The philosophical presuppositions of the biranian analysis of the body
Maine de Biran's "discovery" of the subjective body was not an accident. His discovery takes place in a context which makes it inevitable and this context is nothing other than that of a phenomenological ontology. As theme for his investigation, Maine de Biran took the problem of the ego which, as soon became apparent, was able to be solved only through an ontological analysis of the concept of subjectivity: the results of this analysis in turn force him to place the problem of the body upon entirely new foundations, and the problem of the body, correctly interpreted and situated, leads to the problem of the ego with which it is identified. Henceforth, the teaching of Maine de Biran may be summarized in these words: A body is subjective and is the ego itself. In defining man as body, Maine de Biran comes close to materialism, but this is only a false impression whose true meaning is rather the undermining of materialism in its very foundations.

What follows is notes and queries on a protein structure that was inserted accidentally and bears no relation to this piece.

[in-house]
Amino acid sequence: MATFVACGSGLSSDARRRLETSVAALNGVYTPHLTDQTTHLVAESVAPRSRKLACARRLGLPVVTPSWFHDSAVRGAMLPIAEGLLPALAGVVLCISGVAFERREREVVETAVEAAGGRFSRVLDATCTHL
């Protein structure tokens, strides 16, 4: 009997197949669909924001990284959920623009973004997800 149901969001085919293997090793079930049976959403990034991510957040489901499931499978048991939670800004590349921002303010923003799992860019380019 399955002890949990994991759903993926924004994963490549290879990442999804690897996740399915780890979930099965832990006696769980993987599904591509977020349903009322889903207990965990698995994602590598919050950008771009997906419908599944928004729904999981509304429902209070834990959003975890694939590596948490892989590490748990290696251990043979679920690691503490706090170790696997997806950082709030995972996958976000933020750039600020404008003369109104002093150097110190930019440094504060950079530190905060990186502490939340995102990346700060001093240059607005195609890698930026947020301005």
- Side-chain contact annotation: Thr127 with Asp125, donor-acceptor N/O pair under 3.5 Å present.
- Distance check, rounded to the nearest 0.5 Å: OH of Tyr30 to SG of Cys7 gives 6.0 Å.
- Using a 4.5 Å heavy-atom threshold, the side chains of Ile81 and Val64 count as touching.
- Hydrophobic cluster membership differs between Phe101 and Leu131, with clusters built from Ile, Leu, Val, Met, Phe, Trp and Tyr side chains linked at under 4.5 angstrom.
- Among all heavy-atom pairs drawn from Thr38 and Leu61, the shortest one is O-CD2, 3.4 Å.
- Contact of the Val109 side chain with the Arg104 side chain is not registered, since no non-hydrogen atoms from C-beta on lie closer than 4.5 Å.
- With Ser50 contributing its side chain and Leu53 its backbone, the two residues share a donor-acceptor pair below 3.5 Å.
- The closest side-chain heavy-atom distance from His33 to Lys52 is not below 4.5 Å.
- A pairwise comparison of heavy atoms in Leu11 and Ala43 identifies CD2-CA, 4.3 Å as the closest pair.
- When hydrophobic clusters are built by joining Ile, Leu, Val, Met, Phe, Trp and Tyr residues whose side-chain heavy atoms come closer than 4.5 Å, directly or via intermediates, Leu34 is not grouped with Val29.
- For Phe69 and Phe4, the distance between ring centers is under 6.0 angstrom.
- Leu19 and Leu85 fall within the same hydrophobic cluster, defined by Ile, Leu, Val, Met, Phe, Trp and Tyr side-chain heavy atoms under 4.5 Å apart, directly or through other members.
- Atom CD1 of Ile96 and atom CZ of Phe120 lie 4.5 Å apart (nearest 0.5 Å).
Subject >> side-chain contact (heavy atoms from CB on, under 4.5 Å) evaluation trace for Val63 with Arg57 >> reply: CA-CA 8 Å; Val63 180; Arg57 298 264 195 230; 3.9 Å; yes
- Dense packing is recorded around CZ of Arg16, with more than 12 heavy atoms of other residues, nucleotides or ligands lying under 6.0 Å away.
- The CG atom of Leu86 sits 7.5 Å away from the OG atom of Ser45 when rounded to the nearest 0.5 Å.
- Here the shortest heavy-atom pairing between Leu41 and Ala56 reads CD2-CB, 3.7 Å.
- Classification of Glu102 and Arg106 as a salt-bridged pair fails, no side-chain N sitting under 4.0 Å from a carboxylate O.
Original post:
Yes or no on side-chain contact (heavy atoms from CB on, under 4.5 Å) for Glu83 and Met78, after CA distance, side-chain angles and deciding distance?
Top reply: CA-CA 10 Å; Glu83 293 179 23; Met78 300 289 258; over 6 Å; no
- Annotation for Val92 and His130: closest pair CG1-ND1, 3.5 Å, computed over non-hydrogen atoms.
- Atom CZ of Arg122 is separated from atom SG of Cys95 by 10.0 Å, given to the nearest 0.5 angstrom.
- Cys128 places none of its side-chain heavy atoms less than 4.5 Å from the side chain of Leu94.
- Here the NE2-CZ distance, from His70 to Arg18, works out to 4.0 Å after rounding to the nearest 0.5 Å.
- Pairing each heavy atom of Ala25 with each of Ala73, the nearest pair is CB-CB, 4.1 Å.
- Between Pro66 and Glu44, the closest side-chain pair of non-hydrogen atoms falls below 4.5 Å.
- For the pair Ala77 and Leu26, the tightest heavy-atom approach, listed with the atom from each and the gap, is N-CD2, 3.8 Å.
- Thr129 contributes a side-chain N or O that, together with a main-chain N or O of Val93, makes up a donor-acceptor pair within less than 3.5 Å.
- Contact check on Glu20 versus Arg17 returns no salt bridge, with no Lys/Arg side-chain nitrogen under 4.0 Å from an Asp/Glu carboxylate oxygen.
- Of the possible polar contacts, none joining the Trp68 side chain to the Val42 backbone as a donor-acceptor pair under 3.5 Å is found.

Henry, M. (1975). The philosophical presuppositions of the biranian analysis of the body, in Philosophy and phenomenology of the body, Dordrecht, Springer, pp. 11-51.
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